More than 200 matches between businesses and mentors have been made, with each engagement involving up to four two-hour sessions, Victorian Minister for Small Business Jaala Pulford said in a statement.
Further, more than 90 mentors have been signed to provide guidance in five key areas, including:
- business recovery
- market transformation
- digital literacy and engagement
- market and supply chain diversification
- reskilling and training
The Victorian government launched the program in August in partnership with the Victorian Chamber of Commerce and Industry.
“There is no handbook for a pandemic, but there are experts that can help businesses adapt their strategies and operations,” Ms Pulford said.
“This program offers one-on-one sessions and produces an action plan, and I encourage businesses from across Victoria to consider if it could help them.”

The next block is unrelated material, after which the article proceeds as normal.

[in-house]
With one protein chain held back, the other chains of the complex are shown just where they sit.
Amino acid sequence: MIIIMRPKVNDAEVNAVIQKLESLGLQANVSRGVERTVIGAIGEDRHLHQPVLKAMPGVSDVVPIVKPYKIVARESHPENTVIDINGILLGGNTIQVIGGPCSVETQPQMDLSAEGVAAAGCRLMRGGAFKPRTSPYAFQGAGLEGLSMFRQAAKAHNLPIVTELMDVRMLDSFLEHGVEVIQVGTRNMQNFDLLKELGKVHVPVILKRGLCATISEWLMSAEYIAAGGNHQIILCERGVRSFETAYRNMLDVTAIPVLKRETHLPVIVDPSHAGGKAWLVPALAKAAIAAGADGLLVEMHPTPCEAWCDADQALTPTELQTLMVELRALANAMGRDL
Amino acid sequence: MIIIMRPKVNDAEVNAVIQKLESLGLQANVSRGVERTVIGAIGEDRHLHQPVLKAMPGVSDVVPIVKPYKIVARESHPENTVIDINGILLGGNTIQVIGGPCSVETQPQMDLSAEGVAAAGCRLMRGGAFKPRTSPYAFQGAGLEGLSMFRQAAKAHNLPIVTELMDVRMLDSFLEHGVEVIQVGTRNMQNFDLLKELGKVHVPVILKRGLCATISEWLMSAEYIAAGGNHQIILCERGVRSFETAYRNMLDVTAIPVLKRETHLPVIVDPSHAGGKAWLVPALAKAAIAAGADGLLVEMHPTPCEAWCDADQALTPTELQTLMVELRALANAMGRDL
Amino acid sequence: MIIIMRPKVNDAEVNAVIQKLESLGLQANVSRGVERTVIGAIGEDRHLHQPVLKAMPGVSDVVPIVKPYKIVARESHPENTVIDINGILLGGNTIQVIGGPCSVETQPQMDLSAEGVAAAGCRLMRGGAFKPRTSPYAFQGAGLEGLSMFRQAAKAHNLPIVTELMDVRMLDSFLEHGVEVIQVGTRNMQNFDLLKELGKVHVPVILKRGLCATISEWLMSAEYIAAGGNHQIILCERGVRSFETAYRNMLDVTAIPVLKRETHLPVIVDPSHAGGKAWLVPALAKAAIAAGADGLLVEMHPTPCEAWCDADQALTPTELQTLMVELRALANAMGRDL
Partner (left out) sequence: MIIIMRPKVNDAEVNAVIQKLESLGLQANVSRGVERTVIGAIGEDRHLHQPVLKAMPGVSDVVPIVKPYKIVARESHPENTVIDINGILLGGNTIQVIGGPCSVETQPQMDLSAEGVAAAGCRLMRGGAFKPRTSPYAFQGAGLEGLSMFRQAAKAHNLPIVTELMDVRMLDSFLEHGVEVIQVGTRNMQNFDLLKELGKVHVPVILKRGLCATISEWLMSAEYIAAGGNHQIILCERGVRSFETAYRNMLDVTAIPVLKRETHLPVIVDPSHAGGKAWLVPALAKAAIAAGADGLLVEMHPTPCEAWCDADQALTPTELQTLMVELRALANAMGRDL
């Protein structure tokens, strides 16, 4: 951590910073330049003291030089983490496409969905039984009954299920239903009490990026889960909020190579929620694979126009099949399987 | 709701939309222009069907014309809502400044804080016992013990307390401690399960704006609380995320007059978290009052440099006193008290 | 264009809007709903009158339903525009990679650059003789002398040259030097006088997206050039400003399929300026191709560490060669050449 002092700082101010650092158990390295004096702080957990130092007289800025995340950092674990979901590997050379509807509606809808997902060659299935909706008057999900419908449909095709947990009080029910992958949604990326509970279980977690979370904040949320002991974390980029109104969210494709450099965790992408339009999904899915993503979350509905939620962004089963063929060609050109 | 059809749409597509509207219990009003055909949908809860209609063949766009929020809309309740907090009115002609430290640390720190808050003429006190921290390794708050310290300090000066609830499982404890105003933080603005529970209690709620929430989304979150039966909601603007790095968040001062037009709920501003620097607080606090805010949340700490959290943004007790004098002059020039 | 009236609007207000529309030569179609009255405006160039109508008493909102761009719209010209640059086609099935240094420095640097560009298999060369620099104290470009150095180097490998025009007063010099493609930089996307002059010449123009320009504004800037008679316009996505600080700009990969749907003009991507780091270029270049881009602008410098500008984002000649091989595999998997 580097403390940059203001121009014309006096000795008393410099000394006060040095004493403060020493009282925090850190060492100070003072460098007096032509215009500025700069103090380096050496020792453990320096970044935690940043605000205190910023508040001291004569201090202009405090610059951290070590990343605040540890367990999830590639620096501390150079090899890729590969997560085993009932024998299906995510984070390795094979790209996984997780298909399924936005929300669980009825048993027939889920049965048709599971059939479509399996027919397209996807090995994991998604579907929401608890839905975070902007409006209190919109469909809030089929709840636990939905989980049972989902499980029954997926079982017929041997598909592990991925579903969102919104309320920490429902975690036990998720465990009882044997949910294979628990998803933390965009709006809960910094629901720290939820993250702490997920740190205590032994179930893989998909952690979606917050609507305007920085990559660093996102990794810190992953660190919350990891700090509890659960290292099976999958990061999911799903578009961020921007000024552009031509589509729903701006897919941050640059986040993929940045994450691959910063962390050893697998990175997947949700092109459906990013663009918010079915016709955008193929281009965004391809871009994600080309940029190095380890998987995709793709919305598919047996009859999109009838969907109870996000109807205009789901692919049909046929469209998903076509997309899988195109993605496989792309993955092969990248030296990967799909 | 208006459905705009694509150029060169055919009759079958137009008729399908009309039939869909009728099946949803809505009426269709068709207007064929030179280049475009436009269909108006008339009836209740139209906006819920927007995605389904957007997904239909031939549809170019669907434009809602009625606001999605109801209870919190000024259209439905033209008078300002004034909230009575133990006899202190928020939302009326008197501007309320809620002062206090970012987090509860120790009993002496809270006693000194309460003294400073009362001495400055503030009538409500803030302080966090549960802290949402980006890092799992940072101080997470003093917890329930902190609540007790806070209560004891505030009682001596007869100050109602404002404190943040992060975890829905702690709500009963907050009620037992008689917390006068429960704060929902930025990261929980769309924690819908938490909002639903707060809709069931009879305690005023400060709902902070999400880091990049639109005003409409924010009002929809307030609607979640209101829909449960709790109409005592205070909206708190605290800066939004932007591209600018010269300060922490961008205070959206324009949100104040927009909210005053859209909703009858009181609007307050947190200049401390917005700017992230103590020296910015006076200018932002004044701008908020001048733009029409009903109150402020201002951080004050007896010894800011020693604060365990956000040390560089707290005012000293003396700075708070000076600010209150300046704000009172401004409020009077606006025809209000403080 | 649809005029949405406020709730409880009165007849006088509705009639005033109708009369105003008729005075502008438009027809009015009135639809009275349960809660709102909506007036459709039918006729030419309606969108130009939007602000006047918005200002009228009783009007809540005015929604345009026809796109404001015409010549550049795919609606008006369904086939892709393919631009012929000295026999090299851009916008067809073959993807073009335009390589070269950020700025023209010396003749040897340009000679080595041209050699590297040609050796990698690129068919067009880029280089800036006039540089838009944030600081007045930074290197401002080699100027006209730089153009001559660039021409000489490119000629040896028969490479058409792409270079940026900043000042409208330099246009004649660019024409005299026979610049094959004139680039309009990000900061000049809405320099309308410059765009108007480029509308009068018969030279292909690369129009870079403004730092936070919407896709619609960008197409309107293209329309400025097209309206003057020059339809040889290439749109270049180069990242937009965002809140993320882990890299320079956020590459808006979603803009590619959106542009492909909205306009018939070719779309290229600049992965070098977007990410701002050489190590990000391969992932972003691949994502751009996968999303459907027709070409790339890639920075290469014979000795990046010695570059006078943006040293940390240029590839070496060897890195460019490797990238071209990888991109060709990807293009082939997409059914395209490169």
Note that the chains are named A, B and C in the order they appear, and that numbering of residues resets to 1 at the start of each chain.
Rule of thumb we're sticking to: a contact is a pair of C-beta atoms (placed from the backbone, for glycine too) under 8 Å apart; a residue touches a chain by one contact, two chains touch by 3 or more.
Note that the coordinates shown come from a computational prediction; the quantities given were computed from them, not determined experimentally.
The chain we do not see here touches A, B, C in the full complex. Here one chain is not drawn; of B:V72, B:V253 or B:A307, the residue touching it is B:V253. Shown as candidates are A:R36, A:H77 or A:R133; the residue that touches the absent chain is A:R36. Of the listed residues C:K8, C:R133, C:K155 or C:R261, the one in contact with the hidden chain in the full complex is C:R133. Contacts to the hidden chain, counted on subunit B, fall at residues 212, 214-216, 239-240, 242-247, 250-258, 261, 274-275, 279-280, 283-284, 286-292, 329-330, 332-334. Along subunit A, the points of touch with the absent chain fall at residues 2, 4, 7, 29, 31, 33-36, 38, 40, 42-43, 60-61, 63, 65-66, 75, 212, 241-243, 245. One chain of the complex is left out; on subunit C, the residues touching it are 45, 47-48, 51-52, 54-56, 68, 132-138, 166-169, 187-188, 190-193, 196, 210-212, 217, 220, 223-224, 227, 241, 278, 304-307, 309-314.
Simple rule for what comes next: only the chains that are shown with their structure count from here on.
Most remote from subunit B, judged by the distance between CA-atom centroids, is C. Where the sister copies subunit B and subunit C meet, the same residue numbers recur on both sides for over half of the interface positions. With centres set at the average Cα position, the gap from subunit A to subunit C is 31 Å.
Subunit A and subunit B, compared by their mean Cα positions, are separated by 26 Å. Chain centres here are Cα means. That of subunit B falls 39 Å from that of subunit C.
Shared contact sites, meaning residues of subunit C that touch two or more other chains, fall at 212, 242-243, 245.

Other mental health support programs established by the Victorian government include the $26 million wellbeing initiative with St John Ambulance to provide accredited mental health support training to chambers of commerce across Victoria.
In response to the program, Australian Small Business and Family Enterprise Ombudsman Kate Carnell said local chambers of commerce have direct links to the small-business community, and that it’s logical to provide them with training to not only respond to small-business owners experiencing stress and identify the signs of someone who needs support.
“I would encourage all small-business owners to seek help if they need it — there are plenty of free support services out there. You don’t have to face this alone,” Ms Carnell said.